Study Shows Low Number of Older Americans Are Vaccinated Against RSV


Only 9% of older adults who reside in the United States had been vaccinated to protect themselves from RSV this fall and winter.

Only 9% of older adults who reside in the United States have been vaccinated against respiratory syncytial virus (RSV) in the fall 2023 and winter 2023-2024 season, according to study investigators from the Texas A&M University School of Public Health who published their findings in Health Affairs Scholar. This low number of vaccinations comes as a shock, the authors note, primarily because of the growing rates of hospitalization and deaths that are occurring worldwide due to RSV.1

RSV vaccine vial with syringe - Respiratory syncytial virus shot - Image credit: MargJohnsonVA |

Image credit: MargJohnsonVA |

“RSV—along with COVID-19 and influenza—form the current ‘tripledemic’ found across the United States this fall and winter,” said study author Simon Haeder, PhD, in a press release. “While the elderly, as well as the very young and those with chronic health conditions, typically are affected more than others, the good news is that vaccines now are available for all 3 of these respiratory viruses.”1

Notably, the CDC has reported that between 60,000 and 160,000 US seniors have been hospitalized by the impacts of the virus this fall and winter season, leading to mortality among 6000 to 10,000 seniors. However, a reduction in hospitalization and mortality was displayed following the approval of 2 RSV vaccines that are 83% and 89% effective in lung infection prevention, according to study authors. Yet US seniors remain hesitant to receive the immunizations.2

According to the study authors, the hesitancy could be due to the lack of recommendations for the vaccines from the CDC, as well as other sources that older adults rely on, such as the AARP, the American Medical Association, the American Hospital Association, and the American Pharmacists Association, according to study authors.2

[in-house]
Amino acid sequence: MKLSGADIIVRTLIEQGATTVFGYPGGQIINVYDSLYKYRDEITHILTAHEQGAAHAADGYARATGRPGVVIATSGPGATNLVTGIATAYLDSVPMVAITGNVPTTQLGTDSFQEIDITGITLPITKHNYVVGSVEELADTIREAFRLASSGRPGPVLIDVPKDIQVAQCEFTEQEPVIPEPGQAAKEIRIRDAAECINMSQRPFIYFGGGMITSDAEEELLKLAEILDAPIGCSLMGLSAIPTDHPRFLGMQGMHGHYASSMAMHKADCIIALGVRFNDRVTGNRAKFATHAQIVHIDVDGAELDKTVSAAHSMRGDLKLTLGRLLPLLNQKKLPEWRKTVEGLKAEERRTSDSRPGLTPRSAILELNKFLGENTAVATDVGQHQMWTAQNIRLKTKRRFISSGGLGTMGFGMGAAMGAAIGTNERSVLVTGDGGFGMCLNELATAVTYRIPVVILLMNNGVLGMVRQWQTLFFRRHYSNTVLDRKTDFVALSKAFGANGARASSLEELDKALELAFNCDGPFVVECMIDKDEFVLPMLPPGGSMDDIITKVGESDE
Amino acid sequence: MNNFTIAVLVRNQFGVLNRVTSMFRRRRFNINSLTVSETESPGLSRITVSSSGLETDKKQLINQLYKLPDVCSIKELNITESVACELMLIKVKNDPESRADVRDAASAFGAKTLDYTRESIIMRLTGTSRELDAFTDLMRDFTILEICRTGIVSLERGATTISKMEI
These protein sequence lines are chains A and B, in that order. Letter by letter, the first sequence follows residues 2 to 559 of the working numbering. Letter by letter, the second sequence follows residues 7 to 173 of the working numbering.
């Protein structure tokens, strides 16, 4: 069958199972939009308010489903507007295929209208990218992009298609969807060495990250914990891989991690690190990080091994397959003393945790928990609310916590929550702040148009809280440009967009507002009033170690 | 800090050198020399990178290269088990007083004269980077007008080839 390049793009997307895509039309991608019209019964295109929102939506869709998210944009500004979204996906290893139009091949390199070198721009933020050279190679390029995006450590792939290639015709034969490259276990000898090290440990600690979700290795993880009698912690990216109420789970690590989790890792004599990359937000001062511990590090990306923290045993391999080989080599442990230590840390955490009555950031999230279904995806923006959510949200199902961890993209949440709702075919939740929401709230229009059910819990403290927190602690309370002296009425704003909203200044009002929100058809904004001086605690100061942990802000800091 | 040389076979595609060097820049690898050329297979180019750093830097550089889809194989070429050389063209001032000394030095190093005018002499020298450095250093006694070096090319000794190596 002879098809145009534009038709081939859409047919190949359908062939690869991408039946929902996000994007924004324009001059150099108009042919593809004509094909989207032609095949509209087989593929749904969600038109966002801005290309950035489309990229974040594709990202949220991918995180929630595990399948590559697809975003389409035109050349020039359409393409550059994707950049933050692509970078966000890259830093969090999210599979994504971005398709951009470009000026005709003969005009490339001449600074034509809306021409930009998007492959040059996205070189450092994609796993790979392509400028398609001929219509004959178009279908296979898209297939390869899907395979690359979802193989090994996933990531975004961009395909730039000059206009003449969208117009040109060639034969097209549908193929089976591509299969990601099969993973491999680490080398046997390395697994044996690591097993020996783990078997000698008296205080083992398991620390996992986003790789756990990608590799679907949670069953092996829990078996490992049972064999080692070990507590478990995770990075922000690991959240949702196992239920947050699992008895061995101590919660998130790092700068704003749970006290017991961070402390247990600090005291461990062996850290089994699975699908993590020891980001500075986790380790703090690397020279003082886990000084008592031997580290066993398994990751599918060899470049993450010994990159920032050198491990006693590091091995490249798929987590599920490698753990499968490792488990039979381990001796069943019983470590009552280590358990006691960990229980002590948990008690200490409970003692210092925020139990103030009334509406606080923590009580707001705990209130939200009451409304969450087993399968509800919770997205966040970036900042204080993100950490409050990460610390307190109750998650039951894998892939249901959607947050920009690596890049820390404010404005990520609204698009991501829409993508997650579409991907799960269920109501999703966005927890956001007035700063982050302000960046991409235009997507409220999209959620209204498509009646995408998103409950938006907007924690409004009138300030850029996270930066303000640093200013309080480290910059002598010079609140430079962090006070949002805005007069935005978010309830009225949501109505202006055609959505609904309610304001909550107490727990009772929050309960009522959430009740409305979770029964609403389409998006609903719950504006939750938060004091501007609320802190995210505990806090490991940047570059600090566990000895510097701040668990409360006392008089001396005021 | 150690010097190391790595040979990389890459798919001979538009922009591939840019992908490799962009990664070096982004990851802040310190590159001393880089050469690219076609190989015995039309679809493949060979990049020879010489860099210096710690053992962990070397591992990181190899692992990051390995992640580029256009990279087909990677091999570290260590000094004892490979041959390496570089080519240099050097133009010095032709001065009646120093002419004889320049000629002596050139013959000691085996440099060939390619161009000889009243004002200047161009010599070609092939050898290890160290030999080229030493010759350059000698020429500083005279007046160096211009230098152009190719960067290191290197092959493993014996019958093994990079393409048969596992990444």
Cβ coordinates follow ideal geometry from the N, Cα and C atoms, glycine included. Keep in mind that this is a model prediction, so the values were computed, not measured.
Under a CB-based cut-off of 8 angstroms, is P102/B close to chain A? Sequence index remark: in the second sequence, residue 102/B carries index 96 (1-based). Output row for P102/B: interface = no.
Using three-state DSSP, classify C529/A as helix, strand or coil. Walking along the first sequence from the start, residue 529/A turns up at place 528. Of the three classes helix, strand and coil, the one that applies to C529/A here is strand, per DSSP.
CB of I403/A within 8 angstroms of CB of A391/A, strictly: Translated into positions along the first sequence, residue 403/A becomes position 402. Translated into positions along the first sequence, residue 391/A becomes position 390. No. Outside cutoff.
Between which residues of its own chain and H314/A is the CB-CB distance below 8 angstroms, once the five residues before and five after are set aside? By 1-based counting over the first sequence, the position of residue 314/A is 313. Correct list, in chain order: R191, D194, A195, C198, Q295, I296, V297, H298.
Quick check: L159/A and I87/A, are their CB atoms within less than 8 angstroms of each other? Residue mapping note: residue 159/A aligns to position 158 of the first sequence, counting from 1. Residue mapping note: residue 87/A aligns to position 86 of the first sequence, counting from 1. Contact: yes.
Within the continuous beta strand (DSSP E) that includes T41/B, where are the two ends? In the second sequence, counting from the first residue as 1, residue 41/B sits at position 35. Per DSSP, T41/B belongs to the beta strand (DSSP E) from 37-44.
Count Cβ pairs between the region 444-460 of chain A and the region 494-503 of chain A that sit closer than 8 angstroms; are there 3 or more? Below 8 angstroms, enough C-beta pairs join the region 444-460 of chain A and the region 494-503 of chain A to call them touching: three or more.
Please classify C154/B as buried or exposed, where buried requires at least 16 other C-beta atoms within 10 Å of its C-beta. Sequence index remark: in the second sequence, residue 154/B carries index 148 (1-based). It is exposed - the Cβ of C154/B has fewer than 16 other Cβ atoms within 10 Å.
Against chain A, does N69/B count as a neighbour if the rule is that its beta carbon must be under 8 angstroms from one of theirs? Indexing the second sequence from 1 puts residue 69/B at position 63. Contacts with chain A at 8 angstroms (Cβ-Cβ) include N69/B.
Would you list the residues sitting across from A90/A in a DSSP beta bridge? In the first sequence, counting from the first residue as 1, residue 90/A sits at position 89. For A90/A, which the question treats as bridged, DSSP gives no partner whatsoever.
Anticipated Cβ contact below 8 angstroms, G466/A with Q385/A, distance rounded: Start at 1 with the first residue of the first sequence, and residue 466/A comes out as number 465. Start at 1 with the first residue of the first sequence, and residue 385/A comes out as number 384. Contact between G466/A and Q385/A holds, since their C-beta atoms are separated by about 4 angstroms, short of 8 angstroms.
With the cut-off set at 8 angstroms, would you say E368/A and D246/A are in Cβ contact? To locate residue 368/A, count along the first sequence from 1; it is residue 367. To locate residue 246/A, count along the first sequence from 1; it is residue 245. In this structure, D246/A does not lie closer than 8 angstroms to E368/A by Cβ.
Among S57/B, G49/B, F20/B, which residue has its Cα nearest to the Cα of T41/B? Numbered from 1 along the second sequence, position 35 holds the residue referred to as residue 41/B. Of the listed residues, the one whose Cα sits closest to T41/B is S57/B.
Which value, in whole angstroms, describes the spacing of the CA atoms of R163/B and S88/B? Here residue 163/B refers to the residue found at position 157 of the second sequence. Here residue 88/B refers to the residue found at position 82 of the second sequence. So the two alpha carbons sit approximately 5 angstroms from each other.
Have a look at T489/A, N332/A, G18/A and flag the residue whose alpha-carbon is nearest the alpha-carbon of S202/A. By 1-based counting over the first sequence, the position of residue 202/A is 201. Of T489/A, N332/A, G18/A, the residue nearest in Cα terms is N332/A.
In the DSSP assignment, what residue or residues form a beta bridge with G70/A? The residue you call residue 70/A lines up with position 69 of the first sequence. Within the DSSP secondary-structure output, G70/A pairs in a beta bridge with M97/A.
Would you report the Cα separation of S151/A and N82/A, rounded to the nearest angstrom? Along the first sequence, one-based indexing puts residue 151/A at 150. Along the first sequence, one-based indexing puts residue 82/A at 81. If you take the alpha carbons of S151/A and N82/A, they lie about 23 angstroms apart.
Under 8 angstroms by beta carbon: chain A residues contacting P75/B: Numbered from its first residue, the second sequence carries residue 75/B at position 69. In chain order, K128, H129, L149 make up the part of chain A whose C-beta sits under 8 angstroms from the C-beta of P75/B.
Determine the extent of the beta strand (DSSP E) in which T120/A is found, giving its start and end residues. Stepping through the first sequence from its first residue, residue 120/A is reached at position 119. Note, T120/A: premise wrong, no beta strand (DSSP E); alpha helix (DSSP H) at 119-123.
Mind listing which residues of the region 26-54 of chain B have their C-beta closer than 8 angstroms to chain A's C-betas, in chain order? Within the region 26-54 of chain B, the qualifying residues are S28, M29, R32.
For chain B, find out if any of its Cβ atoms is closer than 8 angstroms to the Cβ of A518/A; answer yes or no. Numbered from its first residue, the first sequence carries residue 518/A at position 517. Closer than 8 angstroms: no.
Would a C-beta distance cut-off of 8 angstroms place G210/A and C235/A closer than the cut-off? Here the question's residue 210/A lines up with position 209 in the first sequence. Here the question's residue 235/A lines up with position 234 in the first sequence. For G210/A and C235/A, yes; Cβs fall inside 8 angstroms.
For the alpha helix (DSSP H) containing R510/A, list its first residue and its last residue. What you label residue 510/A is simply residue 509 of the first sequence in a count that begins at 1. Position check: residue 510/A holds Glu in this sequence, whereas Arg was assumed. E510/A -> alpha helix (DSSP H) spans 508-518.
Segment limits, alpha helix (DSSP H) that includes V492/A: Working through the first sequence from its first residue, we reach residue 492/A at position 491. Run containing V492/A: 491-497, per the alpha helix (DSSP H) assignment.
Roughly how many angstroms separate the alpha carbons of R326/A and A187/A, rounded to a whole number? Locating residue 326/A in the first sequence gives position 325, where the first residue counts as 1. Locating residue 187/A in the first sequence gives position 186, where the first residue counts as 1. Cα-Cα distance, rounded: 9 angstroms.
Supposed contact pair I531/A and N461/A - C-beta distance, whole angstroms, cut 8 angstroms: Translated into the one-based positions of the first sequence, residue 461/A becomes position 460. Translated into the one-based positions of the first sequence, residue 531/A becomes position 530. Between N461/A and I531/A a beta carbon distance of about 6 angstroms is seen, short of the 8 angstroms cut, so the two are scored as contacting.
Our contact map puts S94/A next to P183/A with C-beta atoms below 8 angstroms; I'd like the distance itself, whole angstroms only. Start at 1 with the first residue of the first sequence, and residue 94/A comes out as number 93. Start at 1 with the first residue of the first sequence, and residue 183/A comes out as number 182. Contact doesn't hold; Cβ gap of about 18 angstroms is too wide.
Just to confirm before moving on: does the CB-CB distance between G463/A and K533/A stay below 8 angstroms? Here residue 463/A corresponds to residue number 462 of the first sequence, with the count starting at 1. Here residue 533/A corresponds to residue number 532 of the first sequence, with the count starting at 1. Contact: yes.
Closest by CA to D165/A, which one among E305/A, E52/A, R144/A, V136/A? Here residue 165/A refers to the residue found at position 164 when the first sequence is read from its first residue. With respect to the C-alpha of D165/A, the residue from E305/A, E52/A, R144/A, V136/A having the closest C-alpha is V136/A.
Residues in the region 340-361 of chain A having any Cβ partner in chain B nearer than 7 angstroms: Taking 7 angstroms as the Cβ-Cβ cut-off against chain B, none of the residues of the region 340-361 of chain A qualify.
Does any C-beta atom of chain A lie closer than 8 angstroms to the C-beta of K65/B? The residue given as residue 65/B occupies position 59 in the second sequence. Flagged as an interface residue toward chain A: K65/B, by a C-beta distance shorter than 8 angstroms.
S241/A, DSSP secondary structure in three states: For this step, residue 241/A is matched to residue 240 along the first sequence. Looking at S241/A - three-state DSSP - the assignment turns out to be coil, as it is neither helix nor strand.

“Although the vaccines are 83% to 89% effective in preventing lung infections, the CDC did not officially recommend them this year, which may have also been a factor,” Haeder said, in a press release. “In addition, vaccine hesitancy is growing worldwide in response to COVID-19.”1

Haeder said that with these statistics, more illnesses, hospitalizations, and deaths will occur among those that are high risk, such as the elderly, or those with chronic health conditions.1

The study included 1345 individuals over age 60 years; this is one of the first studies that addressed seniors in connection to RSV. The study asked the individuals their vaccination status and their plan to receive the RSV vaccine.1 Among the 1345 individuals included in the study, 91% were unvaccinated against RSV, and 42% said that they intended to get the vaccine. However, seniors that were unsure said that they did not need the vaccine, displayed hesitancy to receive the vaccine, were unaware of the vaccine, or were weary of its safety and adverse effect profile.1

However, the study authors also noted that, among the individuals included in the study, men had a higher probability to be vaccinated against RSV compared to women. The study authors noted that overall, the seniors who were vaccinated were more concerned about the risks of RSV and believed they had a greater chance of being infected. They also believed that vaccines in general were safe and important to receive and presented a high level of trust in health institutions.1

To mitigate and limit vaccination hesitancy, Haeder said that this issue could be acknowledged in policies that aid the benefits of vaccines and emphasize the risk of not being vaccinated. Programs that are tailored to those that displayed more hesitancy than others—such as women—could discredit misinformation of RSV and vaccination status.1

“Not only will the unvaccinated place a great burden on the health care system, but their illnesses could have been prevented or mitigated by vaccinations,” Haeder said, in a press release. “The costs to society will be large and will affect society as a whole.”1

  1. Only 9 percent of older Americans were vaccinated against RSV before the disease hit this fall and winter. EurekAlert!. News release. March 1, 2024. Accessed March 4, 2024.
  2. US seniors' intention to vaccinate against RSV in fall and winter 2023–2024. Health Affairs Scholar. News release. February 2024. Accessed March 4, 2024.
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